A team led by Wright State University physicist and electrical engineer Elliott Brown that conducted research which promises to improve polarimetric radar won a Best Paper Award at the IEEE National Aerospace Electronics Conference.
The award was presented to Brown, first author and postdoctoral research associate W-D. Zhang and co-author and graduate engineering student Andrea Mingardi on July 25 at the conference in Dayton held by the Institute of Electrical and Electronics Engineers (IEEE). The IEEE is the world’s largest association of technical professionals, with more than 400,000 members in chapters around the world.
“The award carries some prestige, particularly for IEEE members like ourselves,” said Brown, the Ohio Research Scholars Endowed Chair in Sensors Physics.
Brown’s research centered on the polarization of electromagnetic radiation — radio waves. Radio waves have both magnetic and electrical fields, which are generally perpendicular to each other. A polarizer distinguishes between the two fields.
“What we were trying to do was to get better discrimination of the polarization of the electromagnetic field,” Brown said. “No polarizer is perfect. A polarizer will pass a certain amount of radiation even when it’s aligned to block it.”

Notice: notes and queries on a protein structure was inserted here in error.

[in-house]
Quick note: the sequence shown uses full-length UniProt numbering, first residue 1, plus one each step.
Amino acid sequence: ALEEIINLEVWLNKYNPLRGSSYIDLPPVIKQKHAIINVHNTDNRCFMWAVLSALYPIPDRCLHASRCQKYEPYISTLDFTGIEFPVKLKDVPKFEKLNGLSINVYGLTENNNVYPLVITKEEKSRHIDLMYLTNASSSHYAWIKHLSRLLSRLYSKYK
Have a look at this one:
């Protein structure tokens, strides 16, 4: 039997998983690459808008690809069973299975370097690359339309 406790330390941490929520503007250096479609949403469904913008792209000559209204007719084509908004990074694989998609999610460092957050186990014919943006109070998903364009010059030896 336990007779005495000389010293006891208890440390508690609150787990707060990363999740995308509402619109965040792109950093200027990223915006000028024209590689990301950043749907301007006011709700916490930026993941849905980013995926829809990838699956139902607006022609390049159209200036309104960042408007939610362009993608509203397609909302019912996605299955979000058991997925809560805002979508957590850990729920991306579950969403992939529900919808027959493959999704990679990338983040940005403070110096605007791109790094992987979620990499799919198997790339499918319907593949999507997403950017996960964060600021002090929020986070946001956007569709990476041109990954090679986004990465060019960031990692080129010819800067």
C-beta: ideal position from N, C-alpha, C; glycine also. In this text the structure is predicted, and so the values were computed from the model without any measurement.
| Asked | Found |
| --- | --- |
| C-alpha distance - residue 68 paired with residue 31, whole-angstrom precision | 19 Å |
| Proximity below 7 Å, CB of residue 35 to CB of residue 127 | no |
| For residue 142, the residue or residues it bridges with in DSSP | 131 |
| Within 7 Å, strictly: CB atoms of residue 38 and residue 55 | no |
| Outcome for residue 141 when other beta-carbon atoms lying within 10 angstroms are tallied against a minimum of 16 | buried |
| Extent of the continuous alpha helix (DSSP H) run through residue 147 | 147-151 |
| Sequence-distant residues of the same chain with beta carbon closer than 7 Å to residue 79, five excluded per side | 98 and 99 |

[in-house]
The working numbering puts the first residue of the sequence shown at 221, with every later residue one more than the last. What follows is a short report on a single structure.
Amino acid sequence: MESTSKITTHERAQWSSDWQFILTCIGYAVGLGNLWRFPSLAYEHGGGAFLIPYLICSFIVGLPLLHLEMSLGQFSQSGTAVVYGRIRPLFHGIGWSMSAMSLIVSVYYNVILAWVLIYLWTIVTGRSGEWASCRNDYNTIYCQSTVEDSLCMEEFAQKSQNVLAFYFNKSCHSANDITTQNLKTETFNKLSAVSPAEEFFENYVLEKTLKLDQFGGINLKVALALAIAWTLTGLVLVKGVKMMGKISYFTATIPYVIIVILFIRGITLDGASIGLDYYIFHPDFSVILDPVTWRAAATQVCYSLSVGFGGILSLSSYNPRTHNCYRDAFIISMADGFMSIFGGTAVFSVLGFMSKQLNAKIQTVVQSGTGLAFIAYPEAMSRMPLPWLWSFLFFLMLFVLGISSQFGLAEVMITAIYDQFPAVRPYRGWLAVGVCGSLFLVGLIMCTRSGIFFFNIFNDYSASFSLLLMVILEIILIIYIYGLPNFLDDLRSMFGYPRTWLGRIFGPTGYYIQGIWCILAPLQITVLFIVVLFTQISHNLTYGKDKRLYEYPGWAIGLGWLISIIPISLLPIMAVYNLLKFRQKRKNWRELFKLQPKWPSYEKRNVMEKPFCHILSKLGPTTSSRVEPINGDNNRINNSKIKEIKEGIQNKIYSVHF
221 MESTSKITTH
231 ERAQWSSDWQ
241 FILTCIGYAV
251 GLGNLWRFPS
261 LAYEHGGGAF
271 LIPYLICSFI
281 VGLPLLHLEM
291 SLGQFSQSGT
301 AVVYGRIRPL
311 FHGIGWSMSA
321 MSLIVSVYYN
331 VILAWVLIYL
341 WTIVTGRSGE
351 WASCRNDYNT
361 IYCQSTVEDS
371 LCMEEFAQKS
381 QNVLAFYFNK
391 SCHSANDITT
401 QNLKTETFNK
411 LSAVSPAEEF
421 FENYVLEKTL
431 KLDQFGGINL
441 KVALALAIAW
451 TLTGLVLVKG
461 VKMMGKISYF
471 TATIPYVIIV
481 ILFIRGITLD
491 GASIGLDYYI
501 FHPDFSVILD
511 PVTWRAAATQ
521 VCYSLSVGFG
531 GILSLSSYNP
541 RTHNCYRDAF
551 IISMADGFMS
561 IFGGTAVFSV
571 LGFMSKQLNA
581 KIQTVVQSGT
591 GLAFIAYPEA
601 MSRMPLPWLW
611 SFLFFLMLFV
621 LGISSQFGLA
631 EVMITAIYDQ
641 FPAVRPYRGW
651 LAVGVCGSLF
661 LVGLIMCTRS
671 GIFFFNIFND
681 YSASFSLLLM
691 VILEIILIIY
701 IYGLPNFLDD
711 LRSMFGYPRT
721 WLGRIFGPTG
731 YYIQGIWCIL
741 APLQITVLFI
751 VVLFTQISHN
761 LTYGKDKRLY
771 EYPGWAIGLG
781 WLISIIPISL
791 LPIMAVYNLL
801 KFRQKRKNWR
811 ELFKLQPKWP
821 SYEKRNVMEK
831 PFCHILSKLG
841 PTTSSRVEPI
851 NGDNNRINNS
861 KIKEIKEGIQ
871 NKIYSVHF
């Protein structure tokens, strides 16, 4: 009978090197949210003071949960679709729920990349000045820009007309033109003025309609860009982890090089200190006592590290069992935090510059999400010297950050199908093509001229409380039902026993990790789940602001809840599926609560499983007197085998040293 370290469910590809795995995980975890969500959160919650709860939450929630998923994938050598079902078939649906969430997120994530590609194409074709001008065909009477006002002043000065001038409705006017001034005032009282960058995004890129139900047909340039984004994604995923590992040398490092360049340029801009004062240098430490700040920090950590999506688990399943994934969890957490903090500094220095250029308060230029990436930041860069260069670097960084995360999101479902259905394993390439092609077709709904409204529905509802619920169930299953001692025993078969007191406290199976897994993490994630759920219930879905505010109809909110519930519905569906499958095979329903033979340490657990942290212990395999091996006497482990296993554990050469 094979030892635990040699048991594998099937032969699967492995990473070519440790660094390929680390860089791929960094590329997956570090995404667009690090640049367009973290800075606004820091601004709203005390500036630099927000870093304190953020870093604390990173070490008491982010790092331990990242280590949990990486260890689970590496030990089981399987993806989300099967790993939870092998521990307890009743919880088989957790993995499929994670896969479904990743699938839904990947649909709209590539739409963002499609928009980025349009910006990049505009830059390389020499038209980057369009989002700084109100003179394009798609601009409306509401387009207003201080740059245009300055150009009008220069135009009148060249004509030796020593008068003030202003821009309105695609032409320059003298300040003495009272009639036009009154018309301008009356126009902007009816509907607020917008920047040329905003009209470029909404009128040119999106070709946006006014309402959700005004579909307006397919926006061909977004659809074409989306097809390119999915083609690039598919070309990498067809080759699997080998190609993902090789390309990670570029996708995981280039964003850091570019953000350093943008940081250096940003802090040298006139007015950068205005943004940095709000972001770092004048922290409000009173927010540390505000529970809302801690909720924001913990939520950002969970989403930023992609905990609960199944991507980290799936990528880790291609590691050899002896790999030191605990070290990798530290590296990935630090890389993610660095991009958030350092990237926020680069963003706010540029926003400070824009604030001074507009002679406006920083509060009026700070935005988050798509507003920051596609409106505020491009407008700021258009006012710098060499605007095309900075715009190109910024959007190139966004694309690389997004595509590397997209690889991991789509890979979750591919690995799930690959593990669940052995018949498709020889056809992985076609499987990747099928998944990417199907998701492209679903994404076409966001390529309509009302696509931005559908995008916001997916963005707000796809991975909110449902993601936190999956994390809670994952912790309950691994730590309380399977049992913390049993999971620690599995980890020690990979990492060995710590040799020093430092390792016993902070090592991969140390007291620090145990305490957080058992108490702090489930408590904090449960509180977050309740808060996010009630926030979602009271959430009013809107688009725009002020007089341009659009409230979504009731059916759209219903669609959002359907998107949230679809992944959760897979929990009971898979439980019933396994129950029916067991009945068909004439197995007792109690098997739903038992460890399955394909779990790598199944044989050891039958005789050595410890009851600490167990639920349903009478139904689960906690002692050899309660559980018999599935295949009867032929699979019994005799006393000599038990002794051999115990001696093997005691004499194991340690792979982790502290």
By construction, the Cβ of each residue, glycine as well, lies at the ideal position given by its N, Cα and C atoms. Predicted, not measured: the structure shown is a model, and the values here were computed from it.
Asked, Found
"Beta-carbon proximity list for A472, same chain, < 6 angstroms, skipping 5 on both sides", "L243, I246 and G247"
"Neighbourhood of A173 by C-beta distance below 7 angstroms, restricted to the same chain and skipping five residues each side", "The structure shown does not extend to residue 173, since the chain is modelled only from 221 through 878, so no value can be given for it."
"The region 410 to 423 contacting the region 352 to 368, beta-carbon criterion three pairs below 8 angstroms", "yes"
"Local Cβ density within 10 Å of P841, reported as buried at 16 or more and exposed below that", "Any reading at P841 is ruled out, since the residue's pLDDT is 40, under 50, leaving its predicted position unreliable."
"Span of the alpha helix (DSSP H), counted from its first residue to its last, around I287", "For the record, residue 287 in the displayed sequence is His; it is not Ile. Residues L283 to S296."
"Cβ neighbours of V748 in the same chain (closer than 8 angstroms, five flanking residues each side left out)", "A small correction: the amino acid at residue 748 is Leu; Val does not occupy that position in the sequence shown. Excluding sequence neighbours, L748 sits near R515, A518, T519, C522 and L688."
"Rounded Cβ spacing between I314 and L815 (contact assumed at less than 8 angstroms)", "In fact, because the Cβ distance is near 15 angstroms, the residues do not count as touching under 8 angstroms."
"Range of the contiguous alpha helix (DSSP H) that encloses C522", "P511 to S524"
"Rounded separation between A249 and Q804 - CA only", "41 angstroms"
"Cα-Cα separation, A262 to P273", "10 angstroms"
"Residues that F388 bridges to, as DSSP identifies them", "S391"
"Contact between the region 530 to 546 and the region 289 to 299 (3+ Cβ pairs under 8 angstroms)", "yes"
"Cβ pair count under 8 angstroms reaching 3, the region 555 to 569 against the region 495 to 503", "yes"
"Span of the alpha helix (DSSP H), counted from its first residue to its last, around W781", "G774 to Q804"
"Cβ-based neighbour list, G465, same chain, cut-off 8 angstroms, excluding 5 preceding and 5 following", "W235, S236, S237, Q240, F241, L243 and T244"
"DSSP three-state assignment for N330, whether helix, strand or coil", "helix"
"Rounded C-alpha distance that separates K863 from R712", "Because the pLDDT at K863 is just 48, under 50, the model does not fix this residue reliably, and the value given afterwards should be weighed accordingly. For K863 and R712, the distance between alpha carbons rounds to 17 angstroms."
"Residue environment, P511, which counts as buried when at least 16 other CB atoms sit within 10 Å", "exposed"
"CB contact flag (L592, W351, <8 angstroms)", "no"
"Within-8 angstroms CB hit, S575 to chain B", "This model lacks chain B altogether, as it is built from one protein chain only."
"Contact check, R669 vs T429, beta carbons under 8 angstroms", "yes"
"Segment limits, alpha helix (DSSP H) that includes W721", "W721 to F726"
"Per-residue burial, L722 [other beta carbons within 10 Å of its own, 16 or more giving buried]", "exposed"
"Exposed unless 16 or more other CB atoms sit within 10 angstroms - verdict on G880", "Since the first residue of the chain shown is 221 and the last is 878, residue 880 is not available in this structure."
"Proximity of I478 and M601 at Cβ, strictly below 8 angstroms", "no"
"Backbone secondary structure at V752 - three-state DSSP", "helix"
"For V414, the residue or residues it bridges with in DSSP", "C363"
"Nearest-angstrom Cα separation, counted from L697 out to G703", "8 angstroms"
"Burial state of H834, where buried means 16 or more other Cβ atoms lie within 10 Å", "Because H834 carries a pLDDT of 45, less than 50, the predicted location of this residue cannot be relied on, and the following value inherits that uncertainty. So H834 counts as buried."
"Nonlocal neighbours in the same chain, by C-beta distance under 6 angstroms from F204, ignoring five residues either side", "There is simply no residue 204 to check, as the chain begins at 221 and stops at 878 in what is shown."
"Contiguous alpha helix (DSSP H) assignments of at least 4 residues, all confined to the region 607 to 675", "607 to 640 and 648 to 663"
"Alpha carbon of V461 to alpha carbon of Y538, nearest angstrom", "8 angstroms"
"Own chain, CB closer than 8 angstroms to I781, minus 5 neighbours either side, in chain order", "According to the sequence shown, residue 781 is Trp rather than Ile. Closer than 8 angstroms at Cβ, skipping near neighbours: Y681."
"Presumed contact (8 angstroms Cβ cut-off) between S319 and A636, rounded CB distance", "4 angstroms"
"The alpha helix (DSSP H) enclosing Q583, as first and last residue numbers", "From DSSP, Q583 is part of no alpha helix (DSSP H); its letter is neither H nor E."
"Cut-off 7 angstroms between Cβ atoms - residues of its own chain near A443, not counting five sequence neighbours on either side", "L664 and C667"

Brown and his team developed a new kind of polarizer using a technique called surface-structured plasmonics, which entails the engineering of electron currents that exist at the interface between common metals and air. The paper also reported some preliminary results on a prototype polarimetric radar that utilizes the technology.
“What we did is make it much better than existing technology,” said Brown. “It’s important because when you’re doing polarimetric measurements using radar, increasing the selectivity between polarizations improves the identification of certain targets. You can tell a lot more about an object being illuminated by the radar.”
For example, a radar may be trying to identify a vehicle hidden in a forest.
“Let’s say between the vehicle and the radar are trees and power lines,” said Brown. “You can determine whether the back reflection came from the vehicle or the wires by just rotating the polarization. Power lines strongly scatter radio waves polarized parallel to the lines, but not the perpendicular polarization. It’s really about target ID and the improved overall performance of radar.”
Besides military applications, there may also be promising ones in medical imaging and collision avoidance radar.
The research is supported by, or in part by, the U.S. Army Research Office and the Ohio Research Scholars Program, which started in 2008 when Wright State was awarded the funds to create the position that was eventually filled by Brown.
It was the intention to find someone who would bring to Wright State a cutting-edge research program that spanned not only multiple scientific disciplines but also encompassed both basic and applied work. Brown continues to fulfill the mission and spirit of the endowed chair position by leading research and educational efforts such as the recent radar project.